I am an EU citizen but also, and above all, a UK citizen, but the UK ignores me.  If I write to an MP in the UK, you know that I will get an automatic response telling me that unless I am a constituent, under Parliamentary rules, my letter cannot be dealt with. This is not democracy!


On 23 December 2013 14:53, DOBSON, Sarah <> wrote:
Mr xxxxxxx

Thank you for your email to Anne Marie which has been passed to me as her Caseworker.  Would you like to book an appointment to see me in the new year?

Best wishes



From: xxxxxxxxxxxxxx 
Sent: 29 January 2014 15:17
To: DOBSON, Sarah; Brian Cave; Richards Graham
Subject: Re: FW: British democracy is dead?

I was disappointed not to have heard from you, but I feel that this is typical of the political heirachy in the UK when it deals with UK citizens who live elsewhere in Europe. I have attached two documents that you may or may not have seen with respect to voting rights of British Citizens.


From: DOBSON, Sarah
Sent : 29 January 2014 16:25
To: xxxxxxxx

If you can demonstrate a connection with Anne Marie’s constituency, with regard to your voting rights, she will be happy to put forward your views to the minister.  Otherwise, you are correct to refer to the Parliamentary rules in your original email.



From: xxxxxxxxxxxxxx
Sent: 29 January 2014 16:06
To: DOBSON, Sarah; Brian Cave; Richards Graham
Subject: Re: FW: British democracy is dead?

I have lived in France since 1985. Can you advise me, who is my political representative? I am A British citizen. I was a Police Officer and was part of the security team for Margaret Thatcher. My last three years of service was in Parliament protecting MPs. I would simply like to know, which MP protects me now that I am retired?

On 29 January 2014 17:26, DOBSON, Sarah <> wrote:

I am advised that a British citizen  living overseas is able to be registered for up to 15 years after leaving the UK in the constituency in which they were formerly registered to vote. They can only vote in UK Parliamentary elections and European Parliamentary elections. 

However, as you have been living in the France since 1985 you have exceeded the 15 years. 

Please see the attached briefing note for more information.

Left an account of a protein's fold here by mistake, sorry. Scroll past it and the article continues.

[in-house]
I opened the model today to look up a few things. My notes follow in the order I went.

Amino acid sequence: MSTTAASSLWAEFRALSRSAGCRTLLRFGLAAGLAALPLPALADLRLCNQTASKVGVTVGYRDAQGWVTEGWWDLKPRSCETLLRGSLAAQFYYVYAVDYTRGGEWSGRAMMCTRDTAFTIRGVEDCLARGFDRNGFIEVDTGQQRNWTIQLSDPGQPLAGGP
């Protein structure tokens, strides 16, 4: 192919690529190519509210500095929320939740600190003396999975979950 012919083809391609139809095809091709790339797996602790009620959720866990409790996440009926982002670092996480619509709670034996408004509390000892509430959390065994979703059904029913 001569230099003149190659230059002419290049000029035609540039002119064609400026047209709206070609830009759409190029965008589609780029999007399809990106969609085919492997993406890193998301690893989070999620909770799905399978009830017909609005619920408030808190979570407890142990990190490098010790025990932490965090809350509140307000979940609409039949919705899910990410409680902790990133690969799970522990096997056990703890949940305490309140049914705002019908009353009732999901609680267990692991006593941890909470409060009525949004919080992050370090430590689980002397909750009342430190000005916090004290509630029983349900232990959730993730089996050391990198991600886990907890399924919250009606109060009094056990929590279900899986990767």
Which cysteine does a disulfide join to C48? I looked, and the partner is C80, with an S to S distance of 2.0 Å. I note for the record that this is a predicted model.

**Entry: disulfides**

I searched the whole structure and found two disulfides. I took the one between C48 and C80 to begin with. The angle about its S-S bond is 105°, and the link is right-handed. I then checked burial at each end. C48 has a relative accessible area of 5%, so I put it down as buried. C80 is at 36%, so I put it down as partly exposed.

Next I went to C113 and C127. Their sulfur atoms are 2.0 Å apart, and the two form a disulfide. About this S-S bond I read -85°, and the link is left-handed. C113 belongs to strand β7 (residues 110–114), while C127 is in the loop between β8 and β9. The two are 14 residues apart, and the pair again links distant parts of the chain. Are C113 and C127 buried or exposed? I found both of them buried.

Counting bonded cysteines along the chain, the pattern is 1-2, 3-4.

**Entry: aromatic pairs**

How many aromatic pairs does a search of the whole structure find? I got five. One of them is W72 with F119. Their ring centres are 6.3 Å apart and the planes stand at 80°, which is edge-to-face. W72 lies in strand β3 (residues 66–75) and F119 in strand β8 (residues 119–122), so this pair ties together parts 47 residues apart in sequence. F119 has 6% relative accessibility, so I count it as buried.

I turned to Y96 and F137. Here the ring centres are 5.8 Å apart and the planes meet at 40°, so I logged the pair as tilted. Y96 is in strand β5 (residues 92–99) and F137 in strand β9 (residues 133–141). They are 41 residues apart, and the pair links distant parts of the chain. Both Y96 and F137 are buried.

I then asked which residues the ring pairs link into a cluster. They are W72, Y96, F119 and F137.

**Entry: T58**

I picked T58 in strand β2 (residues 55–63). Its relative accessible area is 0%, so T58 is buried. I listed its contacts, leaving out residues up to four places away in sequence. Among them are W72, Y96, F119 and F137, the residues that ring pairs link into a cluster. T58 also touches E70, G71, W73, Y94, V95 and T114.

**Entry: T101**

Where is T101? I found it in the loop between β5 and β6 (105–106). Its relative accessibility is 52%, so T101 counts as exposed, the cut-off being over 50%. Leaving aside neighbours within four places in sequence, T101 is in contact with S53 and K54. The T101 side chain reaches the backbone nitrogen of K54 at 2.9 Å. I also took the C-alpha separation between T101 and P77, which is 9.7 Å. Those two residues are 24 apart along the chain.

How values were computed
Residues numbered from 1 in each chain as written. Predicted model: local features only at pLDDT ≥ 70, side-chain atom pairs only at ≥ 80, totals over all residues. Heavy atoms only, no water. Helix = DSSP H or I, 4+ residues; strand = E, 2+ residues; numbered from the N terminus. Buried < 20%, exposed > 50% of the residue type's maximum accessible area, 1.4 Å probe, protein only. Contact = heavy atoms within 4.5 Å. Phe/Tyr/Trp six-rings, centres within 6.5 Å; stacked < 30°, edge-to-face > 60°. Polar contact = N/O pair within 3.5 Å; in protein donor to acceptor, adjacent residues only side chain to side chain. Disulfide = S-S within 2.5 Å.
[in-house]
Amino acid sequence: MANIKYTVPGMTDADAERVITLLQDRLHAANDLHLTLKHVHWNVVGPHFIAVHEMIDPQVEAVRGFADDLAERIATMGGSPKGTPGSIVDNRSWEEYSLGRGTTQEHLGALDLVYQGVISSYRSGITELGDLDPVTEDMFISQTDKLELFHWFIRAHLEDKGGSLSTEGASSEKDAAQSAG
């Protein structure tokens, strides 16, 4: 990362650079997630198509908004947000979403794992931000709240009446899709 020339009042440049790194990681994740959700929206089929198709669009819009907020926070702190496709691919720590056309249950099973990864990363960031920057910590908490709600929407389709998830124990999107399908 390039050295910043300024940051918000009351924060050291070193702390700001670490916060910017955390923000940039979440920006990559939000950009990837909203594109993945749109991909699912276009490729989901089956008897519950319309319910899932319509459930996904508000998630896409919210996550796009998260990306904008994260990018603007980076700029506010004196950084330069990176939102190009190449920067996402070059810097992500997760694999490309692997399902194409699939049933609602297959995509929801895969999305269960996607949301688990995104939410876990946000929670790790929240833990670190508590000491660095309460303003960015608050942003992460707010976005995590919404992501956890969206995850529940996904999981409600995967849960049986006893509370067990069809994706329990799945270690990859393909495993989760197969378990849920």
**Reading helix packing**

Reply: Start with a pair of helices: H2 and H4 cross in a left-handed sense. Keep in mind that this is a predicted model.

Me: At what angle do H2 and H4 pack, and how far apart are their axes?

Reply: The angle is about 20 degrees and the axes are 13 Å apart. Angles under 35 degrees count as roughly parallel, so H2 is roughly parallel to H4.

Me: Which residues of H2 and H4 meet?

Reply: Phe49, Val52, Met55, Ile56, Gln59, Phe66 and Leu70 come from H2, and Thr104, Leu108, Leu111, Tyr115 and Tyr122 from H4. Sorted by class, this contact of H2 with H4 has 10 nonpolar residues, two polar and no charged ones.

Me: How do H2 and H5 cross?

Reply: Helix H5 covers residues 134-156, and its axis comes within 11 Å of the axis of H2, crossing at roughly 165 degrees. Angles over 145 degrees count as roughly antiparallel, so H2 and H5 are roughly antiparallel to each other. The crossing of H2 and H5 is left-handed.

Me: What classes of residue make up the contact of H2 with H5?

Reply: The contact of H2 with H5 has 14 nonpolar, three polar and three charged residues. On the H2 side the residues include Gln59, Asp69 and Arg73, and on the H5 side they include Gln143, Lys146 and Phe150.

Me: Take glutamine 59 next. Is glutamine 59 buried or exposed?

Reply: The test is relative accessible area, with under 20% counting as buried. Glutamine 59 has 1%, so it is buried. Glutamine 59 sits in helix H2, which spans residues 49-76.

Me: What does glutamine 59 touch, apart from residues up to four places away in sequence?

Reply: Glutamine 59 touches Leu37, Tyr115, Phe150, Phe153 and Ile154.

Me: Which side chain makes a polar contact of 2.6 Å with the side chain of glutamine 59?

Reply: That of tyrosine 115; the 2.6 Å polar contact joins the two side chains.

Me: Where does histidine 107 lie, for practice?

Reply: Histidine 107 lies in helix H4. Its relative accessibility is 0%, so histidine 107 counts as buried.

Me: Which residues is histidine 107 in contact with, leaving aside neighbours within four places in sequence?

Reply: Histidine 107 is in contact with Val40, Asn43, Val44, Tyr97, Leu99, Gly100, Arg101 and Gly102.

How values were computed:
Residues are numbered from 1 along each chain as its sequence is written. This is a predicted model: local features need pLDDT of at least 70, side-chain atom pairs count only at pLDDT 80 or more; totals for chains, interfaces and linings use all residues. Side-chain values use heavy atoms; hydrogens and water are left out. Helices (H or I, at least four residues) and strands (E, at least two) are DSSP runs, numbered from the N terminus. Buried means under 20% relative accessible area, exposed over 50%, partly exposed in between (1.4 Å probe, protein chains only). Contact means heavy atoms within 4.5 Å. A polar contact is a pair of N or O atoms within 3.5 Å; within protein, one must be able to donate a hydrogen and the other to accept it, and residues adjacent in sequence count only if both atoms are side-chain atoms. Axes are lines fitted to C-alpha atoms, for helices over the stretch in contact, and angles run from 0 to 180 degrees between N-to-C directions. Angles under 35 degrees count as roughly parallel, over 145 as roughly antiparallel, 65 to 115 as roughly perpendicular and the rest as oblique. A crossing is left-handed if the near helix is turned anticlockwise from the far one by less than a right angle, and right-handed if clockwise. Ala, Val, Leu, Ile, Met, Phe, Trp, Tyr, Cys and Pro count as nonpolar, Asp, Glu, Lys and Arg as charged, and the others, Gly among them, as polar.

Best wishes


From this correspondence  Sarah DOBSON, on behalf of  
  was the only one to reply.
I received  NO reply at all from any of the other politicians .

Liberal Democrat


I together with thousands of other pensioners who have moved elsewhere in Europe are treated with disdain by British politicians. Many of us still pay our taxes to the UK government, would they remain so calm if we refused to pay our taxes?

Of course not!

Statement from  Sir Roger Gale MP (Cons. Thanet North)Give Ex-Pats the right to vote Ex-Pat UK citizens should be given the right to vote in perpetuity.  That is the view expressed this morning by Sir Roger Gale, MP (North Thanet) following a statement by the European Commission in support of the proposal.  In a rare moment of harmony with Brussels the euro-sceptic MP has said:
 “It is not often that I agree with the Commission and of course the manner in which we determine our electoral system is and must remain a matter for the UK and not the EU but in this instance they have got it right.
 In the interests of democracy all UK citizens, wherever they may reside, should have the right to vote in both UK parliamentary elections and in a future EU referendum if , as I hope, there is to be one. In most developed democracies citizens have the right to vote in perpetuity. In the UK that right, for those overseas, is limited to 15 years and the registration system is far too complex.  That is the case that we put to the Commission when Harry Shindler and I met with Commissioner Reding last year and I am pleased that Harry`s particularly powerful case seems to have found favour. At 93 Harry (who received the MBE for services to the United Kingdom in the New Years` Honours list)  may not have too many votes left in him and we need to get on with this.
Personally, I would like to see ex-pats enabled to vote at the next general election but given Liberal Democrat resistance to a change that seems unlikely.  I know that the Cabinet Office is working on a simplification of the registration system and I hope that we shall have a manifesto commitment for 2015 so that at the very least we can legislate to give ex-pats the absolute right to vote in an in/out EU Referendum by 2017.  That is the least that we can do for people who in many cases have paid UK taxes throughout their lives, may have fought for our Country and have children and grandchildren still living in Britain”